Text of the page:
Thinking Instead of Listening:
- We can speak at 150 words / minute
- We can think at 450 – 600 words / minute
- Fast thoughts can create a distracting back chatter that makes listening challenging
- Covey – We don’t listen to understanding; we listen to reply.
7 Barriers to Listening:
- Rehearsing a response:
- mentally practicing to say your part
- False reassurances:
- nod head like you’re listening, but you’re really looking for an opening to speak
- offer false cliches to appear like you’re paying attention
- Misdirected quotes:
- ask questions that divert person from what they were saying before understanding it
- Not focusing:
- paying attention to details outside the conversation
- paying attention to inside thoughts rather than conversation
- Selective listening:
- catch a few words and pretend to listen
Good Listening Skills: For more tips for building listening skills, go here.
- Don’t talk
- Nod head occasionally
- Softly look at person without staring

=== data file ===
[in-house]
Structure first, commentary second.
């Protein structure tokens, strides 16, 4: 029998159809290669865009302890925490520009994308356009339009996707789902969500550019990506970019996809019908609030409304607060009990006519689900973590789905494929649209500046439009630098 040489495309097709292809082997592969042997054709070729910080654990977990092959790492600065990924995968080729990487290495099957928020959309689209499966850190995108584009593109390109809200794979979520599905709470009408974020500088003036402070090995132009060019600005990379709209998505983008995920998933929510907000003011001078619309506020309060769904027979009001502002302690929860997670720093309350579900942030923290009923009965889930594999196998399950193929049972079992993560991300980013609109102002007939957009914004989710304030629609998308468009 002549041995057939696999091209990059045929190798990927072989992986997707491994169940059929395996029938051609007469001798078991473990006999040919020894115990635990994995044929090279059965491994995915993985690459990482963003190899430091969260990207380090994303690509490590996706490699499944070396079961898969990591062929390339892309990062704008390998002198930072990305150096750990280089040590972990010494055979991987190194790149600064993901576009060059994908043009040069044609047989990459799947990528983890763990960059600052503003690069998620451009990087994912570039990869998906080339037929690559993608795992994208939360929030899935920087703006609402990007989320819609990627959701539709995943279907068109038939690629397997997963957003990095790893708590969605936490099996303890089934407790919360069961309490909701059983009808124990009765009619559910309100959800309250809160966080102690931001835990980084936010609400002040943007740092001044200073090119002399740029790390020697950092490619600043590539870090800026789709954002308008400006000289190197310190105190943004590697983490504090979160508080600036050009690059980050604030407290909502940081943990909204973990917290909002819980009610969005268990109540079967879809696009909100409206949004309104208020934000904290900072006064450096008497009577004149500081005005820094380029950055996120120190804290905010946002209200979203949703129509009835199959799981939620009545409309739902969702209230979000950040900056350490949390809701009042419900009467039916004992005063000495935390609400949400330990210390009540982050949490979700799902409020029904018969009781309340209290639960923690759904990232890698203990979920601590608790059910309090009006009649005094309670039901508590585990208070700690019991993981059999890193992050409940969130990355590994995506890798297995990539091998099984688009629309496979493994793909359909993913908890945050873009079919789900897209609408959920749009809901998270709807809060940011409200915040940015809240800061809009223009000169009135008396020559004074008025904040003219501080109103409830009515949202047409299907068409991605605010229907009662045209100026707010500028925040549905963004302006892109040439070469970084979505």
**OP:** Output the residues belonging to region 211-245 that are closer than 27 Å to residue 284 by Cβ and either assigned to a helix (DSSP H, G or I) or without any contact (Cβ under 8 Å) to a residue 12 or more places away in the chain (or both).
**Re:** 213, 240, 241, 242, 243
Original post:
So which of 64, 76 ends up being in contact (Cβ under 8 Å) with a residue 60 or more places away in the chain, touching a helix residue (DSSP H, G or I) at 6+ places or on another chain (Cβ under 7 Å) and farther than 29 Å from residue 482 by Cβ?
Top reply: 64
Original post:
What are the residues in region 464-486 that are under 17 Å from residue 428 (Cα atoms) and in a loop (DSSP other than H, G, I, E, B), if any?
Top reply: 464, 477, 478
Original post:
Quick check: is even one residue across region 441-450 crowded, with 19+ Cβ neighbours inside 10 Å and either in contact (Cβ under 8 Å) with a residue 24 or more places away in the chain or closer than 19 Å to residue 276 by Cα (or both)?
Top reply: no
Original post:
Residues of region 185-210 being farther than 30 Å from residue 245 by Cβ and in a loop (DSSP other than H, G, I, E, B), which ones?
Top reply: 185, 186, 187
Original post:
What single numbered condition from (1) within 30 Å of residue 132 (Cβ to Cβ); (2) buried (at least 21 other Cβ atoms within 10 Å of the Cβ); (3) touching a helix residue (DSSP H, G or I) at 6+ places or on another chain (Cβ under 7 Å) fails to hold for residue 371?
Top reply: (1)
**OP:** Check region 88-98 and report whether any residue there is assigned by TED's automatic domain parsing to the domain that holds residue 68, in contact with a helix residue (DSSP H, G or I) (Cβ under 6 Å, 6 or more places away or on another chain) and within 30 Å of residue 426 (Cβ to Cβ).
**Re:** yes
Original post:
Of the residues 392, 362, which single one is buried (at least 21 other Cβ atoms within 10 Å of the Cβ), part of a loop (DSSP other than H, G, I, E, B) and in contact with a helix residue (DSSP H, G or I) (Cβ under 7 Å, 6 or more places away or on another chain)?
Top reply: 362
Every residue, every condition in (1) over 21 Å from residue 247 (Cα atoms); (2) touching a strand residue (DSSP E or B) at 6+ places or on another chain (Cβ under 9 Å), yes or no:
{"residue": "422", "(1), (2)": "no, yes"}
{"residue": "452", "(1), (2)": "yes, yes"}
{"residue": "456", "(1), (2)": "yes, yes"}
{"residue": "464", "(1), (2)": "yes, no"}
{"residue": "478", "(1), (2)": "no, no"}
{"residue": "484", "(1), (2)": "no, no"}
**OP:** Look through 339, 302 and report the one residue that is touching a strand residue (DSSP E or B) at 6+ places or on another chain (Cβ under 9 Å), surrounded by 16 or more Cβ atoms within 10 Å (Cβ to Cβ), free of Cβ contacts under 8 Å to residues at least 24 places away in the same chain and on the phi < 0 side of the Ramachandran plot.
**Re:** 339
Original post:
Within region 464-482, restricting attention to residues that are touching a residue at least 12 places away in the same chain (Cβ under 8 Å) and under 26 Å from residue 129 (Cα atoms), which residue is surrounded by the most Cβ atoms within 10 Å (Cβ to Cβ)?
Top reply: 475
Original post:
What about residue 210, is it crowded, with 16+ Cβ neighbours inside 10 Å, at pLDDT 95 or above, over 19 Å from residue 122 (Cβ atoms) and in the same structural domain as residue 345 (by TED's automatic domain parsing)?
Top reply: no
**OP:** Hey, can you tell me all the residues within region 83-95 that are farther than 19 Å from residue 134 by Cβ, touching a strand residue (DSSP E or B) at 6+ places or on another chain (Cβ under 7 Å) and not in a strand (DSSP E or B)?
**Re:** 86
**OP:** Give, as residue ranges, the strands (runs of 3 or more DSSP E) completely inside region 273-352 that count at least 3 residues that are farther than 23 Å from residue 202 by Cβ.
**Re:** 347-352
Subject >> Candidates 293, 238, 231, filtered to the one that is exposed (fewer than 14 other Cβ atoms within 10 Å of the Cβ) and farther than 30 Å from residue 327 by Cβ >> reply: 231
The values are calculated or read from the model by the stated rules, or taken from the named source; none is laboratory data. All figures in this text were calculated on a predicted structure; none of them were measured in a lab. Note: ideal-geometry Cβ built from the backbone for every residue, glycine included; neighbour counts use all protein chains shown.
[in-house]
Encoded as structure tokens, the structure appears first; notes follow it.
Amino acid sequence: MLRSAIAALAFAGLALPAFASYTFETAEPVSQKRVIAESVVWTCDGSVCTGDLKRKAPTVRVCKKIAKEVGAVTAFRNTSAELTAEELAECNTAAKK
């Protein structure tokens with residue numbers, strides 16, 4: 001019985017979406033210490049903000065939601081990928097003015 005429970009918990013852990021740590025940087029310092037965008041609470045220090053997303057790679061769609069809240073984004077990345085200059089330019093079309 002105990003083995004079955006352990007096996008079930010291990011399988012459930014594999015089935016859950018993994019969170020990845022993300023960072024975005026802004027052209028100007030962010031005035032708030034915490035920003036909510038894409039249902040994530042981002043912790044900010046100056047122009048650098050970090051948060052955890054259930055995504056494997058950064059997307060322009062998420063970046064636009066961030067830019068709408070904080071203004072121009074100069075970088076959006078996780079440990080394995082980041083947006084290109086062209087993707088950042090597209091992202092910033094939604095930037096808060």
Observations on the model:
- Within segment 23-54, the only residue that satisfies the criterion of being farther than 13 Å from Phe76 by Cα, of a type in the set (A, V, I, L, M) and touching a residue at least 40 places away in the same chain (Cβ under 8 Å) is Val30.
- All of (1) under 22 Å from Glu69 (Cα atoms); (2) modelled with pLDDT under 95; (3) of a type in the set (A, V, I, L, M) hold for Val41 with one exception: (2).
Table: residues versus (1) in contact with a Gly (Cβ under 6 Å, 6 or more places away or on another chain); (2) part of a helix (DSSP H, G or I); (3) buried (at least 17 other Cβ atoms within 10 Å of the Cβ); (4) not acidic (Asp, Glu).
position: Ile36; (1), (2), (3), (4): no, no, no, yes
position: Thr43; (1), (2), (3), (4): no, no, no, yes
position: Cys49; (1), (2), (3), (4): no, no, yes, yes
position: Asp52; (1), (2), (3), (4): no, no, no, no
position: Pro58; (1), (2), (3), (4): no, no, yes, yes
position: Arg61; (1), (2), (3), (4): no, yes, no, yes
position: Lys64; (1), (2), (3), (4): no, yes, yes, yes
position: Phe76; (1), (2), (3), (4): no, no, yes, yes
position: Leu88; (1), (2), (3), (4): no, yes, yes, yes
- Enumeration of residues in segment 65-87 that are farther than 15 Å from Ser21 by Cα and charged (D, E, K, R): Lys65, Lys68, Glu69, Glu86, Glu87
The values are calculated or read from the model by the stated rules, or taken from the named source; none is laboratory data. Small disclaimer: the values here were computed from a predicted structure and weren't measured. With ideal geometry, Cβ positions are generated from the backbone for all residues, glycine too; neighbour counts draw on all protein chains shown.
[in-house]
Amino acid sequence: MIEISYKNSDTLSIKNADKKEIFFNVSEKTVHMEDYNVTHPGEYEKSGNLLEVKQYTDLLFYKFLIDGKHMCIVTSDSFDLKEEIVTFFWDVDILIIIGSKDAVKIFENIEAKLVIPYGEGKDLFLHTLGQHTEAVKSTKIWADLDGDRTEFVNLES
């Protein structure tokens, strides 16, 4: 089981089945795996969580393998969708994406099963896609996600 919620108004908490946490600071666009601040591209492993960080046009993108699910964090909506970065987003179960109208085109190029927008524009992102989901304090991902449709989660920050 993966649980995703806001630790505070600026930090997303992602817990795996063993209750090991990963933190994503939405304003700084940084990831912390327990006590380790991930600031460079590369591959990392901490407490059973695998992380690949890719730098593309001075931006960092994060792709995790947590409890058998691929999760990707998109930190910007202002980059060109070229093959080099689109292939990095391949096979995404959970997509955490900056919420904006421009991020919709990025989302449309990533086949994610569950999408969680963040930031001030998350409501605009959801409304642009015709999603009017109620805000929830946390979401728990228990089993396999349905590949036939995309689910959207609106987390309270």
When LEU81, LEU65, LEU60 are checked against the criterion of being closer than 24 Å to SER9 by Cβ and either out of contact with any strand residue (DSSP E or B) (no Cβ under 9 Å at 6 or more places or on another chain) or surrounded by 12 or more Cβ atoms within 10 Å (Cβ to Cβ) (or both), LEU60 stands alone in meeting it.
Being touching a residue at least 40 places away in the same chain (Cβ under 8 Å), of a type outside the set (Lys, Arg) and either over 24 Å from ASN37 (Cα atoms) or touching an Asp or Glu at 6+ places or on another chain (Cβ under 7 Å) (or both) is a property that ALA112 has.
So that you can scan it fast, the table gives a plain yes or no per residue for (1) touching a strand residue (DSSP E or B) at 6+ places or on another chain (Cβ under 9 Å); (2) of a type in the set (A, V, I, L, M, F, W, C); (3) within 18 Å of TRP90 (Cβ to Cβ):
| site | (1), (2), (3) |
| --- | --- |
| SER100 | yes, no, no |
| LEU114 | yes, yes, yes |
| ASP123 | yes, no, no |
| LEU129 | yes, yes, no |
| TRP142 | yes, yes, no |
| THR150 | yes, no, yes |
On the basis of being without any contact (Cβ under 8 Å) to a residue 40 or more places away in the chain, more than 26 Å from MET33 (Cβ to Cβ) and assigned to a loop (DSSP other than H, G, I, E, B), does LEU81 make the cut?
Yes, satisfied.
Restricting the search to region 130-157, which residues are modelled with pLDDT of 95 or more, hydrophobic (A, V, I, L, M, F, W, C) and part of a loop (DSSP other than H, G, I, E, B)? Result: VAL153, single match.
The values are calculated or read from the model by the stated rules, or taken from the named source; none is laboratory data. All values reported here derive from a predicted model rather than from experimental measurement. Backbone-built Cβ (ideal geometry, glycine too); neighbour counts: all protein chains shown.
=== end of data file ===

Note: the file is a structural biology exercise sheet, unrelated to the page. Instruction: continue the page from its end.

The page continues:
- Move away or look away from distractions
- Open body posture – don’t cross arms, don’t look at watch
- Give brief verbal acknowledgements – “Really”, “Wow”, “Interesting”, …
- Pace responses – if you give too may they’ll think you’re getting impatient or bored
- Ask clarifying questions
- Listening – see above
- Make deposits into emotional bank account:
- deposit actions include: asking for ideas, listening, acknowledging their ideas, providing resources, etc
- withdrawals include: asking for favors, negative feedback, etc.
- Find things shared in common besides work
- Be aware of attending behavior (how you look and act while you listen)
- if your attending behavior includes off-putting stuff like frowning – make an effort to fix it
- Match and mirror their communication style, learning style, or problem solving approaches
- Design lessons and related resources that teach students how to improve their listening and rapport-building skills.
Early Implementation Steps
- Early on in the year and in projects, facilitate workshops and activities that build students’ listening skills and the rapport they feel for each other.
- While scaffolding these skills – offer modeling, practice opportunities, and encouraging feedback.
- Have students reflect on how practicing these skills is affecting their team’s morale, relationships, and communication.
Advanced Implementation Steps
- Periodically have students deliberately practice listening and practice building rapport.
- Have students reflect on what makes these practices challenging and what they can improve in order to make their efforts feel and be perceived as more sincere
- Collaboration articles